Got this pistol years ago and just relocated it. Never shot it. Original finish was blue (99% gone). Barrel is 6 1/2 inch length. Six shooter. No additional numbers or identifiers other than that pictured. Any help appreciated. Would like a ballpark value if available.
Welcome to the forum,
I'm not an expert but I have a book . That's an interesting old S&W you have there Sparks. The lack of a locking lung under the barrel threw me at first bur I see in 'the book" that the 1st model 32-20 Hand ejector was without. The barrel markings are correct for that model too. Apparently there were only 5311 of these 1st models made between 1898 and 1902 and they were numbered from 1 to 5311. As far as value goes I've no real idea but I'm sure others here will enlighten you in that respect. Nice old K frame S&W. Thanks for sharing.
I was beat to the draw! Two caveats, the 1898 typo and the possibility we are viewing a Spanish copy. Orbea Bros. in particular made some near counterfeits that prompted the bold "MADE IN THE U.S.A." and later reinforced the message in Spanish.
The condition would have to be precisely determined to set a value, I'd guess a few hundred, maybe? A Spanish copy near zip?
I can't push the magnification enough to satisfy myself. Also any other inscription e,g, patent info?
Appreciate both ya'lls feedback. There are no other markings on the pistol. I might head over to the local bookstore and browse the books for other details. If it is an Orbea that makes it a keeper for me. I ride one of their road bikes! Thanks again
An S&W should at least have patent dates. An Orbea has a highly stylized O and H overlaid (Hermanos Orbea) and I believe Trade Mark in English organized around it in proportions and size virtually identical to S&W's. The U.S. finally began requiring country of origin marking in English. I can't tell what year that began.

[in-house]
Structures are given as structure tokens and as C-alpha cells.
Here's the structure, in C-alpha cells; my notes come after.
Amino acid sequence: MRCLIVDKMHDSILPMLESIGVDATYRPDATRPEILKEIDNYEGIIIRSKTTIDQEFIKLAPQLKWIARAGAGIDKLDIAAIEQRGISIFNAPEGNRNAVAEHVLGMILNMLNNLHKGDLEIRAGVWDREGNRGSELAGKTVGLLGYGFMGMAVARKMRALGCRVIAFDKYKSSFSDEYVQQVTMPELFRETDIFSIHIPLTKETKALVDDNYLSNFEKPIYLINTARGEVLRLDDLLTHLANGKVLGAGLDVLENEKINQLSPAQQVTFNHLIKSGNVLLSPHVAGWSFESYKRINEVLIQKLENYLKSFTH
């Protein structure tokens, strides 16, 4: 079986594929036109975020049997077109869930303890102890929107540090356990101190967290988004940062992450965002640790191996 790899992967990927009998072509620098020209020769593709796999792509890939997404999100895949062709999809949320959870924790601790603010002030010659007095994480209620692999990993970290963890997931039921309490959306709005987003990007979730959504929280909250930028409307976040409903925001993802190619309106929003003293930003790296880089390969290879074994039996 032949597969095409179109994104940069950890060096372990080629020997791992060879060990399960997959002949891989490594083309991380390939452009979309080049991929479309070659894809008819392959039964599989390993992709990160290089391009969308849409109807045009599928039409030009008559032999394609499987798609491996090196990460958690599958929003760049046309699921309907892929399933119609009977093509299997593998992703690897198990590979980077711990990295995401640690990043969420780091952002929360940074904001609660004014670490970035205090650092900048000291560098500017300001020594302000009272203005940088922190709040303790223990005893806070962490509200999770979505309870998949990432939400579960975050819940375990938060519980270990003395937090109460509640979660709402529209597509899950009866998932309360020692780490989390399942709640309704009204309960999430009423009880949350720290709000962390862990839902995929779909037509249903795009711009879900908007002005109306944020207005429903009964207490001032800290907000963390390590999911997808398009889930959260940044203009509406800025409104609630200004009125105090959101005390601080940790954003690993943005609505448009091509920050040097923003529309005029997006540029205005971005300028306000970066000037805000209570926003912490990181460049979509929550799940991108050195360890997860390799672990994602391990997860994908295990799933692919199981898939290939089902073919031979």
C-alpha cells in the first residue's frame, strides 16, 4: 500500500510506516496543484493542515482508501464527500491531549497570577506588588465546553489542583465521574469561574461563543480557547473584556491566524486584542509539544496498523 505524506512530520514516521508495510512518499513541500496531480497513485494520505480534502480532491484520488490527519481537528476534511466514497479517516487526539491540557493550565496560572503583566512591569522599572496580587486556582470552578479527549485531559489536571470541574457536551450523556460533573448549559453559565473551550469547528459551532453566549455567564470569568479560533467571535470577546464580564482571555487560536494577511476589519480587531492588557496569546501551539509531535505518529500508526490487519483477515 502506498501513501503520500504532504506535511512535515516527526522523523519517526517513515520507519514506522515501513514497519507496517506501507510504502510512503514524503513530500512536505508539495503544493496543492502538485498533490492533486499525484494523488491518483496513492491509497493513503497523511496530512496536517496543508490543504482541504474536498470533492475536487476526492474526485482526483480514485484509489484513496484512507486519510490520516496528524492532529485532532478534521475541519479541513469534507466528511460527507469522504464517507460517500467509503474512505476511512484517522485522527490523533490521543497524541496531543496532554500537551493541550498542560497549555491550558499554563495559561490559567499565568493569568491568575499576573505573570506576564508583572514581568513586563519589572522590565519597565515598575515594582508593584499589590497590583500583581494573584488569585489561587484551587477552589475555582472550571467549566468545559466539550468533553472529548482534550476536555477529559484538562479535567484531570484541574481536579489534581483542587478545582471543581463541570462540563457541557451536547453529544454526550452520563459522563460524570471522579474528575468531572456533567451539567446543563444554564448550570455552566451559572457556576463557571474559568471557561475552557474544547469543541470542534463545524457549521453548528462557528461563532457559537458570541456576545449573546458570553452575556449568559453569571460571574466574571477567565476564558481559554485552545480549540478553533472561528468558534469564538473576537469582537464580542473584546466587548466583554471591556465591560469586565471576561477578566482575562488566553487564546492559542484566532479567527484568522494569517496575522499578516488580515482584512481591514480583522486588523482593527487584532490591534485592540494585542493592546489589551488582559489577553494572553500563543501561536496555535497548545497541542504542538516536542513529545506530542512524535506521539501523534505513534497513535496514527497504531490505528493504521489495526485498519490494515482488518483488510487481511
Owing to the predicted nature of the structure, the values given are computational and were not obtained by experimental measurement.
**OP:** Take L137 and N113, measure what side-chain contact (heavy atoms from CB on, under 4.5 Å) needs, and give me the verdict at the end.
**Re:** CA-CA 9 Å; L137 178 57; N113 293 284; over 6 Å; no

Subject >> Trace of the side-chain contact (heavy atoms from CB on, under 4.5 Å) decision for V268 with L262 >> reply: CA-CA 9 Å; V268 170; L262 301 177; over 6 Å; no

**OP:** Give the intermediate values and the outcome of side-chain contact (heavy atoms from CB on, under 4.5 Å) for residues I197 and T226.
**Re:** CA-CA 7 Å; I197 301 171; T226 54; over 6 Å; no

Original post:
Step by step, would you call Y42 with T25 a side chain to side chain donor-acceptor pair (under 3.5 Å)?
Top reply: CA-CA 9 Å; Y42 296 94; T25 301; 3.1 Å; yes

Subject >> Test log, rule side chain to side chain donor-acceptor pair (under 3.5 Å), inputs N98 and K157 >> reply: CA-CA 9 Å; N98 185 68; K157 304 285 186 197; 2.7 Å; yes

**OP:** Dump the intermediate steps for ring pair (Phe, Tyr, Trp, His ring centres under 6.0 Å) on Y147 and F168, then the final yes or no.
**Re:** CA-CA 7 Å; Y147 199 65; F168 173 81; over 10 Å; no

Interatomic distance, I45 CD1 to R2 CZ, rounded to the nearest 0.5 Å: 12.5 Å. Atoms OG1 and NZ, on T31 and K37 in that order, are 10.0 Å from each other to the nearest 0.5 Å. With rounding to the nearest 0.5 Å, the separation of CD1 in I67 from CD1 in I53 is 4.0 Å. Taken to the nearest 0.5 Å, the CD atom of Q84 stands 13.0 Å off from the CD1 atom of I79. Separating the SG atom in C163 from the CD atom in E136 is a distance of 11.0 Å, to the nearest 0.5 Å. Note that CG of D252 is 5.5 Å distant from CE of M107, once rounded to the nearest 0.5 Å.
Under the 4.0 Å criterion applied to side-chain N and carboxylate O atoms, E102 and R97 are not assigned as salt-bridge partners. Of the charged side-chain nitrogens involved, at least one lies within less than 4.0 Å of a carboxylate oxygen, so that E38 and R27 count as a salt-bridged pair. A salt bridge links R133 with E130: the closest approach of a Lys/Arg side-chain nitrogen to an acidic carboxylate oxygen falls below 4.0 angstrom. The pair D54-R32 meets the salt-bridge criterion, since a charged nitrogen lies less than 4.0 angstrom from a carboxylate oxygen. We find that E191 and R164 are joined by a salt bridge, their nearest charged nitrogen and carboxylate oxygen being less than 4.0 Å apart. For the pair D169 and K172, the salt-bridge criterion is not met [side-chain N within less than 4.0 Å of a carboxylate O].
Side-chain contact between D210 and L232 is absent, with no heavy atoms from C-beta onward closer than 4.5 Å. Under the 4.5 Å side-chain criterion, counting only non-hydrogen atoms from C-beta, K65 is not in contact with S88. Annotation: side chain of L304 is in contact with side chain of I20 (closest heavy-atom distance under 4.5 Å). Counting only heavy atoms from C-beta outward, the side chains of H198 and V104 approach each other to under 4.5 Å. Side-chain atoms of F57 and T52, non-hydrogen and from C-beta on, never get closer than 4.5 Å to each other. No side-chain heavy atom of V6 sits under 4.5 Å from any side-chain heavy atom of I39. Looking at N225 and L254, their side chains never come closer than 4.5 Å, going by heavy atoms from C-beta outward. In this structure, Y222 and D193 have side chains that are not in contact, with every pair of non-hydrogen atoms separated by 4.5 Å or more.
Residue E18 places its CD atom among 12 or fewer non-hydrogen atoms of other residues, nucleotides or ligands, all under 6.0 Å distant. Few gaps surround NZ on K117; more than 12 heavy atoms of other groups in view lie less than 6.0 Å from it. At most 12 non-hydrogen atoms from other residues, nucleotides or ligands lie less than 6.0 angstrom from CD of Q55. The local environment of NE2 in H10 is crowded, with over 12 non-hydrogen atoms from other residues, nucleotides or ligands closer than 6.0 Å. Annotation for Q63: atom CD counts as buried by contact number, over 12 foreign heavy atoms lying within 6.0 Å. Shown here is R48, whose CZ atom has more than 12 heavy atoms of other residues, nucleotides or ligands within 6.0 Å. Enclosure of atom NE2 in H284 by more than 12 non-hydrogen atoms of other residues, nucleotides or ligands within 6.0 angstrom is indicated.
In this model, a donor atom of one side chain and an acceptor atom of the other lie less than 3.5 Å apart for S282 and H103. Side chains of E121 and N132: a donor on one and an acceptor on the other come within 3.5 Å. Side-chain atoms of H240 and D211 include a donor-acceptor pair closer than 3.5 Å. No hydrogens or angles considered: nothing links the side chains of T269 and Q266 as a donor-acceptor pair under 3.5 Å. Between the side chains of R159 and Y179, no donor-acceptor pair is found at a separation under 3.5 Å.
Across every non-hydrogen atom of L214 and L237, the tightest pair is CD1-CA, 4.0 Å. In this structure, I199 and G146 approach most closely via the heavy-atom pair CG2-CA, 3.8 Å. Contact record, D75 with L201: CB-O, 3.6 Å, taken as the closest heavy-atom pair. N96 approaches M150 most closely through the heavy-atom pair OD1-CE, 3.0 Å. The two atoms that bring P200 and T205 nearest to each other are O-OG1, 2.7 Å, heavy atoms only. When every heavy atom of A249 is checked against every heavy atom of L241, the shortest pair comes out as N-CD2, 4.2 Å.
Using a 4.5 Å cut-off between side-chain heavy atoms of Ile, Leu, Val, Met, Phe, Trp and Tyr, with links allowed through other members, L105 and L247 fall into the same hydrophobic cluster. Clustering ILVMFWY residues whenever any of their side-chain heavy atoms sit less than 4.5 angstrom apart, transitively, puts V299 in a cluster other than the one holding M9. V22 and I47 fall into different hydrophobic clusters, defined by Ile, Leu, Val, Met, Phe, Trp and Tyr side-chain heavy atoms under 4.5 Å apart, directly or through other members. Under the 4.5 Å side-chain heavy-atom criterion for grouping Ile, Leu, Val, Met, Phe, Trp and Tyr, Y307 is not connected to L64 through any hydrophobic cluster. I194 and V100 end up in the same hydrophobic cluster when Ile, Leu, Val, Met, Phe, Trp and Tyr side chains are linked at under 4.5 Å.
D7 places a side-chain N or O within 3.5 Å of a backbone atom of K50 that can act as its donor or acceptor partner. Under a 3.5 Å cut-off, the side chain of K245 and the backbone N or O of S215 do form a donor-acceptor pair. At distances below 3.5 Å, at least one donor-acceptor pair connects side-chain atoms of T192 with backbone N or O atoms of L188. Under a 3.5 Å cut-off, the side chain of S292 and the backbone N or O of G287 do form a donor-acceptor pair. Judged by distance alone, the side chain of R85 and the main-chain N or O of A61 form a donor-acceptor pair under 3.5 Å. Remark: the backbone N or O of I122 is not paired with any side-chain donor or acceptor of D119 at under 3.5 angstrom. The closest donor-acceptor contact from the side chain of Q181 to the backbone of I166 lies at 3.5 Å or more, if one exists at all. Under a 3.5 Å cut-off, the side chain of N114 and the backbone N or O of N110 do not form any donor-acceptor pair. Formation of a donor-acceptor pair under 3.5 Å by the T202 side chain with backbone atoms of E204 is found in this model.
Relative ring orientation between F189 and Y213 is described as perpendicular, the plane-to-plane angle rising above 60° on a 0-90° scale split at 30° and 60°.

Thanks for catching my date typo Waidmann. I saw this thread just before I was heading out the door to a graduation party for a friends daughter and so only took a quick look in the SCSW before posting. Also assumed it to be a S&W and forgot all about the possibility of it being a copy. My bad!
I don't believe there are a lot of markings on early S&W hand ejectors, just the cartridge designation on the left side of the barrel and the S&W trademark on the side plate. There may not be any patent dates though. My own 1905 32-20, 4th change has only the cartridge stamp, small S&W logo on the left side and the "Made in USA" stamp on the right side of the frame just above the front of the trigger guard. Anyone know when the Made in USA stamping was started? There is also a "REG US Pat OFF" stamp on the hammer, behind the thumb piece, but no dates.
It would be nice to see close ups of the stocks and side stamps. Sure hope it is on original Smith and not a copy.
The patina of age on the finish hid some info from me. But last night under a lamp in a dark room (with reading glasses on) I found additional stamps. There are two lines of stamped info on the top edge of the barrel. It starts with "Smith & Wesson Springfield....etc"followed by 7 patent dates from July 1, 84 to Oct 4, 98. On each side of the stamping is a symbol similar to >-X-<. I believe this is a first edition hand ejector. There are also matching serial number stamps on the cylinder and bottom edge of barrel. There is also a 41 stamped into the frame just above where the cylinder yoke attaches. I may still act 15 years old but my eyes sure don't! Let me know if you may still benefit from higher def pics, but I feel like we about got this nailed to 1899 or so. Some of these were called Army Navy or some such. Does S&W still sell histories? If so I may call 'em. Thanks!
With maltese crosses and patent dates I believe you are on solid ground. Only the first model M&P and its predecessor .32 HE (I-frame) had unsupported rods. Brief history, shipping date and receiver for $50. Surf up Roy Jinks at S&W. The Colt New Army and Navy followed by the Army Special (later Official Police) competed with the Military & Police. Specific guns were sold to various military organizations and were marked as U.S. Property.
One additional point re: identity, I noted earlier on, though didn't post, the pinned barrel -- a S&W standard manufacturing practice on its hand ejectors for many, many decades. I'm not aware of any copies that would have sported a pinned barrel, tho I'm hardly an expert on S&W knockoffs. Neat old arm!